Day Off
Saturday, September 2, 2023
Easy Day – 3–5 miles
RPE level 3–4
Get off the marathon course for a nice, relaxed, short run (short for you, anyway).
Sunday, September 3, 2023
Long Run – 12 miles
RPE level 6
This will be a bit of a challenge. The intensity is going to be slightly higher than in your usual

long runs—unless it’s unusually hot and humid out, in which case those factors will supply
enough intensity on their own. Running on a soft surface is always a good idea, except in your
longest long runs, in which you should get used to running on the race’s surface (asphalt). If
you can get to a place like Rockefeller State Park, you’d benefit in at least three ways: less
shock on your legs, less noise and traffic, and more natural beauty.

Week 8 – September 4–10, 2023

Monday, September 4, 2023
Easy Day – 4 miles
RPE level 3–4
Tuesday, September 5, 2023
Roam Cruise Intervals
RPE level 7–8
Warmup 1 mile easy RPE level 3-4
Pickup 1 6:00 RPE level 7
Recovery 3:00 RPE level 5
Pickup 2 5:00 RPE level 7
Recovery 2:30 RPE level 5
Pickup 3 4:00 RPE level 7
Recovery 2:00 RPE level 5
Pickup 4 3:00 RPE level 7
Recovery 1:30 RPE level 5
Pickup 5 2:00 RPE level 7
Recovery 1:00 RPE level 5
Pickup 6 1:00 RPE level 7
Cooldown 1 mile easy RPE level 3-4

“Cruise intervals” are a form of speedwork that lowers the top-end speed but raises the recovery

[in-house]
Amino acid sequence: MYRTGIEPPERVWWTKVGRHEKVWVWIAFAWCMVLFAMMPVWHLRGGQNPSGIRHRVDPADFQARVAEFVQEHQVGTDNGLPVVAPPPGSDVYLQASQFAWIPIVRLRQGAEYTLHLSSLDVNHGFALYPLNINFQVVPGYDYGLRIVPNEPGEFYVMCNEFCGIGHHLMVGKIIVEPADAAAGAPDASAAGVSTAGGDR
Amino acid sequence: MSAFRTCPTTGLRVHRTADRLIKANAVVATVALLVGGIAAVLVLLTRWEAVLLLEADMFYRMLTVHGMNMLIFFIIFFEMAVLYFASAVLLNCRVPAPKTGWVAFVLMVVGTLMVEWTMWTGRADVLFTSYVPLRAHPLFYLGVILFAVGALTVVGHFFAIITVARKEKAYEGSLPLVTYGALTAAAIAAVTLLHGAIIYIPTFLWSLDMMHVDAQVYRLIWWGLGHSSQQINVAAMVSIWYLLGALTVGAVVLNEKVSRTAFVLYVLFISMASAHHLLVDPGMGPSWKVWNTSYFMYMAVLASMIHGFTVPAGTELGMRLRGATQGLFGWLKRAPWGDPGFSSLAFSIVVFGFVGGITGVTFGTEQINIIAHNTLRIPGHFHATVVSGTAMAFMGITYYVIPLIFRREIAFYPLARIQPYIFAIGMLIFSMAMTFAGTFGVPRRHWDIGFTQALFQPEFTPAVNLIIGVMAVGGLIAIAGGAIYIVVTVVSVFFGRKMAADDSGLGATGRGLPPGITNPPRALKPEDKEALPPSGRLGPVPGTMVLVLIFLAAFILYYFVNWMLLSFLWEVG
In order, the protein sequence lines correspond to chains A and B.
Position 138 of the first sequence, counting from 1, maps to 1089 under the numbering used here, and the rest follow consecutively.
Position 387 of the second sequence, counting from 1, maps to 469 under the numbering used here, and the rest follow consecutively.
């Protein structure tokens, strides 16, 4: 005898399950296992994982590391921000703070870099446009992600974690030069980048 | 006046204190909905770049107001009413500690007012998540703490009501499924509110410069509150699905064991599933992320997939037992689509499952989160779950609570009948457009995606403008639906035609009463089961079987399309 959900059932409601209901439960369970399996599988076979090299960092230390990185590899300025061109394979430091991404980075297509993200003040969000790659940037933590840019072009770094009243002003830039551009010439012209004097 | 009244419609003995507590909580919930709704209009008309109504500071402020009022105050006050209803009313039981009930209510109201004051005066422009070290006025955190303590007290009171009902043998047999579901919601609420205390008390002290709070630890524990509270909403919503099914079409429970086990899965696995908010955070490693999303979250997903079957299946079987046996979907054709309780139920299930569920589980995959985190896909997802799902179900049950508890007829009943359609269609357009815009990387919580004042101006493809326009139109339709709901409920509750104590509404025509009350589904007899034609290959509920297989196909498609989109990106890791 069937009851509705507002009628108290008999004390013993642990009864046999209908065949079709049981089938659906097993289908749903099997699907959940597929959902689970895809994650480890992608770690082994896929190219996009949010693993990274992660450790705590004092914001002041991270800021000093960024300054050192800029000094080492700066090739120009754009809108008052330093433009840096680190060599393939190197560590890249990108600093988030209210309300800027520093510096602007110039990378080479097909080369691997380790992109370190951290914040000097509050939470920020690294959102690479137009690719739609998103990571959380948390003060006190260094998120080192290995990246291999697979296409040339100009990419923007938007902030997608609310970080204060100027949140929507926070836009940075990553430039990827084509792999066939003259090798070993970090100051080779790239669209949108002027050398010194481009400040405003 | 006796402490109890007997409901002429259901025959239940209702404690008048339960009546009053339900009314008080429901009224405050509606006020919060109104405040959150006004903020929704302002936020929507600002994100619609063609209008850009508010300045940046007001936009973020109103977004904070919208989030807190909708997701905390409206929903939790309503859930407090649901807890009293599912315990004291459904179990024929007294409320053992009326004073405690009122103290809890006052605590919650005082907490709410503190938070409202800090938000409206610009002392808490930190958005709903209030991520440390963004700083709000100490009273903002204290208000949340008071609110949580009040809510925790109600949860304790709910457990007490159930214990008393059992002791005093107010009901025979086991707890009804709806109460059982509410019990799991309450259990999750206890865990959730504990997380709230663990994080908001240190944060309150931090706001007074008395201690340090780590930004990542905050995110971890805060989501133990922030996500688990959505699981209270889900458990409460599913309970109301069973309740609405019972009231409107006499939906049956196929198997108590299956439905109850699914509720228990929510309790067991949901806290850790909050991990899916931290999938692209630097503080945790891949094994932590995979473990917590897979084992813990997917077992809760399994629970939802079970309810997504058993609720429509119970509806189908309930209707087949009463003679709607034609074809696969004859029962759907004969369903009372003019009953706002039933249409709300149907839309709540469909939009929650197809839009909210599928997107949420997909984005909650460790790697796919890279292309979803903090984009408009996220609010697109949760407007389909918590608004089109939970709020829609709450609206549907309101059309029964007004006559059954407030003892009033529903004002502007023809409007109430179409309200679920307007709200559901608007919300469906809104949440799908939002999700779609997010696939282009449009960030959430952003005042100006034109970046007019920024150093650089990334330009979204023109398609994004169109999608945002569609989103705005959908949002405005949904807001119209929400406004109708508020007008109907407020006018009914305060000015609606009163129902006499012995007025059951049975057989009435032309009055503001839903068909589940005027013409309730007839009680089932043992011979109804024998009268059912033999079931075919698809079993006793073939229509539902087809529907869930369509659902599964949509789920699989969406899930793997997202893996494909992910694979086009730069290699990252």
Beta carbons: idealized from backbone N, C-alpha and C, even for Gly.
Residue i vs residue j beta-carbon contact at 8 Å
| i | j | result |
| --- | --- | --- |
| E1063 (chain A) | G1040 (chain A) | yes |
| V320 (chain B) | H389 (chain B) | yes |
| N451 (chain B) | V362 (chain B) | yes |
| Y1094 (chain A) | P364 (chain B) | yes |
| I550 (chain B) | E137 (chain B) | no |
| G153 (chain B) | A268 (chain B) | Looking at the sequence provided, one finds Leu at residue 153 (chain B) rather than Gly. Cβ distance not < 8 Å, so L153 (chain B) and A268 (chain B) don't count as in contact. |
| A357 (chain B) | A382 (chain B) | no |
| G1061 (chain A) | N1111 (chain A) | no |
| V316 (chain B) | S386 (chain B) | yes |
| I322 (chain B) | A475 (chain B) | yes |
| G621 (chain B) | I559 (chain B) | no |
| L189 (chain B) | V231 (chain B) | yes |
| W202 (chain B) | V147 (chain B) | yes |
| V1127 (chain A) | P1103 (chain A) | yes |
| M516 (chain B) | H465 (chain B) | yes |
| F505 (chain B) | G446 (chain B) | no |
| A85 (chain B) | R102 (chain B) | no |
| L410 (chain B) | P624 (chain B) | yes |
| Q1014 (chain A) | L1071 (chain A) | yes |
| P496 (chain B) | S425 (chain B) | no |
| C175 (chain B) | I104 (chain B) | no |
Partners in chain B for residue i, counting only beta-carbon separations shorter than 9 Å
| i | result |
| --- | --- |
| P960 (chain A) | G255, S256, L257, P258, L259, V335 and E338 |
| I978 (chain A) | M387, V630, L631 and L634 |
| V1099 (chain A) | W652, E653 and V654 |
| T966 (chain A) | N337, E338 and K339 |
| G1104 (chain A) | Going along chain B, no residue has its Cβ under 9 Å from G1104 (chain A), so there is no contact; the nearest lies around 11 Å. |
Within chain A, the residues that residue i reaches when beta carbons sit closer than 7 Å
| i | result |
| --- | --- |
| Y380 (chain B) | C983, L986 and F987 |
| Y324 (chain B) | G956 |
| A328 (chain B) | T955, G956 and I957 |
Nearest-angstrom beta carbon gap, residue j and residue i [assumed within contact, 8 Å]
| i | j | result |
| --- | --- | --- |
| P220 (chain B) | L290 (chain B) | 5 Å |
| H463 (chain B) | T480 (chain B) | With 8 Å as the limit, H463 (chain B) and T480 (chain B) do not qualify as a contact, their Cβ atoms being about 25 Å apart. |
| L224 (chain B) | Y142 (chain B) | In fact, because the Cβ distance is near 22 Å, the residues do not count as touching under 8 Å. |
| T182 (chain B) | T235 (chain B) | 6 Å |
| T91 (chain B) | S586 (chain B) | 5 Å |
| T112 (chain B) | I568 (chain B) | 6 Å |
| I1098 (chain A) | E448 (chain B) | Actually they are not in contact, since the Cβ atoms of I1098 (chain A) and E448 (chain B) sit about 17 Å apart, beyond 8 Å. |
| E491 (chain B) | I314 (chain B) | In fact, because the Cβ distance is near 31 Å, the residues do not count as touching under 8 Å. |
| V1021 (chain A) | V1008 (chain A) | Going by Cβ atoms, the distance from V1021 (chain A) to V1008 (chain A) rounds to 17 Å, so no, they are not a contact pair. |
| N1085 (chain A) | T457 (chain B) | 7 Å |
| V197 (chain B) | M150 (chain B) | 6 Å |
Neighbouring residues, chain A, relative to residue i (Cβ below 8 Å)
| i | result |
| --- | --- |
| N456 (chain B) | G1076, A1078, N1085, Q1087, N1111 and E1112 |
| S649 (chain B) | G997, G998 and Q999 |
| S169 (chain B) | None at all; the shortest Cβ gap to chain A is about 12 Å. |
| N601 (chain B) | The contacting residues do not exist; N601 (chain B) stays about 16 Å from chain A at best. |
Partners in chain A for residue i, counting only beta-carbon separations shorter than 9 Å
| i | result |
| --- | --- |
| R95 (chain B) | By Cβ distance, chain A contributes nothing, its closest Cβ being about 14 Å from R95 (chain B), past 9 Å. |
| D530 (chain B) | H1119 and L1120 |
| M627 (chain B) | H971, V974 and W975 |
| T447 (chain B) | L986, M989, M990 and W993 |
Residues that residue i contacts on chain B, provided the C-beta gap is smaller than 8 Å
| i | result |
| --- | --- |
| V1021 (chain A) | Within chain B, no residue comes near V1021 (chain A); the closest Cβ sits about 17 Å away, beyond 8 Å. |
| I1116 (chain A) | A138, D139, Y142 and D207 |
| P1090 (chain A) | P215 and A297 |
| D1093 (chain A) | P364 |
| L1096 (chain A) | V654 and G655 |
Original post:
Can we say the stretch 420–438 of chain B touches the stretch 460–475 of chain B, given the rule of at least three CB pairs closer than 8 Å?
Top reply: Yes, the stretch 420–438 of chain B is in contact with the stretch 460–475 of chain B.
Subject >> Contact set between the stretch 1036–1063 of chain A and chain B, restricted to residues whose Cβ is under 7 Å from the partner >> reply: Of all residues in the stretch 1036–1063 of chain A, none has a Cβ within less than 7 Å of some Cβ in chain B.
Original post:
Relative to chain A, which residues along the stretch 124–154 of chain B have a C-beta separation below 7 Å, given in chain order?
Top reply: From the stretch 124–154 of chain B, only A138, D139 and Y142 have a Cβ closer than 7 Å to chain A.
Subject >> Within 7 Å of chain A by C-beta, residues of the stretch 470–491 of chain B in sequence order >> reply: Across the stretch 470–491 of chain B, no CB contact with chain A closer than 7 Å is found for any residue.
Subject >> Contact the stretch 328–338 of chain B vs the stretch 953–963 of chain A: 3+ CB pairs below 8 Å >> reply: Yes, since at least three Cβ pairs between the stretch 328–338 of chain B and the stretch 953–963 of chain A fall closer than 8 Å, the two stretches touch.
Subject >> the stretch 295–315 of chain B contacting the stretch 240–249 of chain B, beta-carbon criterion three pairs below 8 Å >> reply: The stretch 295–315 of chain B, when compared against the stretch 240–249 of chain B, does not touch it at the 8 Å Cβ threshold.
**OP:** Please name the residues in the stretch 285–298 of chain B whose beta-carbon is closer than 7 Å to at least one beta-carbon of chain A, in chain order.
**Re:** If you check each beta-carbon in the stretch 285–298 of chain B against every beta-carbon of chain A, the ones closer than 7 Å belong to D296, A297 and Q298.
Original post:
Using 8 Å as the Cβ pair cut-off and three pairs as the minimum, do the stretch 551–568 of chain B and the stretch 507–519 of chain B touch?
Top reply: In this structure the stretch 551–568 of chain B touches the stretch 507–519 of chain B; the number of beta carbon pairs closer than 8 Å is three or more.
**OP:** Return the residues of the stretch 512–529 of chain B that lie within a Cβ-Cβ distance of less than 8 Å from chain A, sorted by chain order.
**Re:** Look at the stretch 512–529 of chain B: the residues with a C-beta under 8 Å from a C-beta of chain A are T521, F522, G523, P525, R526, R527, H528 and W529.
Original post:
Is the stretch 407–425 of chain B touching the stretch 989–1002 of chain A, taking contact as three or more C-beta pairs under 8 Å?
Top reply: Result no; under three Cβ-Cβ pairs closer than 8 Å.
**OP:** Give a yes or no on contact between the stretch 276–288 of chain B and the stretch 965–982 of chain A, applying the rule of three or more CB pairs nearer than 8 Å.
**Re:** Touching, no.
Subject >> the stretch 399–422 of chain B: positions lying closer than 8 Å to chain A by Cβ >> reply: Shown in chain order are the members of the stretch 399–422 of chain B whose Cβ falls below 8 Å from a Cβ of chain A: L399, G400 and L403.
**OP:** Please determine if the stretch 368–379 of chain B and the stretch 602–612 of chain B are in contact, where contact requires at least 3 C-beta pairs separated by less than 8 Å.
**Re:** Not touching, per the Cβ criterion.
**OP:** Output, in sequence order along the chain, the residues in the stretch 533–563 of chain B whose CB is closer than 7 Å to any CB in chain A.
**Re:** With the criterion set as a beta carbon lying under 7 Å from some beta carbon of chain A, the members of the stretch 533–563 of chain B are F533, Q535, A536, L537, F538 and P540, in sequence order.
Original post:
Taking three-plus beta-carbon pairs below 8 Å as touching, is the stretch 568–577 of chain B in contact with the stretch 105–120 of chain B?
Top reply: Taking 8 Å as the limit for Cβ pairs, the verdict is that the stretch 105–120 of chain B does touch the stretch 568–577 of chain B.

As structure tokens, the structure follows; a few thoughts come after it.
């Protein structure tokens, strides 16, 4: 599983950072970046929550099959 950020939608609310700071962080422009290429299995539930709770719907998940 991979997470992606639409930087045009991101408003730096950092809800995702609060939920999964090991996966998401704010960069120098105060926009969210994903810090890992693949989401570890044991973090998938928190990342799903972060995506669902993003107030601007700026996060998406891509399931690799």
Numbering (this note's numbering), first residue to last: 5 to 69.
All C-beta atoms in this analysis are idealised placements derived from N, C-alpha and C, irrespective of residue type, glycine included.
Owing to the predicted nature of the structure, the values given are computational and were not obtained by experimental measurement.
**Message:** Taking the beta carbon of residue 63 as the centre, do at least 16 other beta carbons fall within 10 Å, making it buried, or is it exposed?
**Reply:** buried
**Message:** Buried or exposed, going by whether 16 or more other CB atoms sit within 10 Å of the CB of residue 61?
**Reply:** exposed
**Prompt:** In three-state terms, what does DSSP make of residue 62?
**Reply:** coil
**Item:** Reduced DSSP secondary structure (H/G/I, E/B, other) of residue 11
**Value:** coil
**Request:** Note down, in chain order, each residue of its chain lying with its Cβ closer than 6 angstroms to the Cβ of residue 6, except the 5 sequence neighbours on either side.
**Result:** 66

pace. It’s somewhere between regular interval training and a tempo run: the pickups aren’t
extremely demanding, but you don’t get full rests after them. The key to a cruise-interval
workout’s effectiveness is maintaining Level 5 effort when you finish each faster segment.
The XPRNC will give you exact durations on the screen, at the lower right. The effort level
will be up to you: as the runs get shorter, the speed should increase—but not the effort. (All the
Level 5 runs should probably be at the same speed.)
You can choose a non-marathon course today: maybe the Branch Brook road-race course, which
doesn’t have significant incline changes.
Wednesday, September 6, 2023

Day Off
Thursday, September 7, 2023
Roam Tempo Run –
RPE level 6–7.5
Your tempo run on the XPRNC today will be shorter than some, but the hills will make up for
that. After a one-mile warmup on a course of your choice (flat, please), you’ll begin at the
Williamsburg Bank in Brooklyn (the marathon’s eight-mile mark) and run three miles at level 6-
7. Your start will be uphill, and you’ll be on an undulating course with quite a few right-angle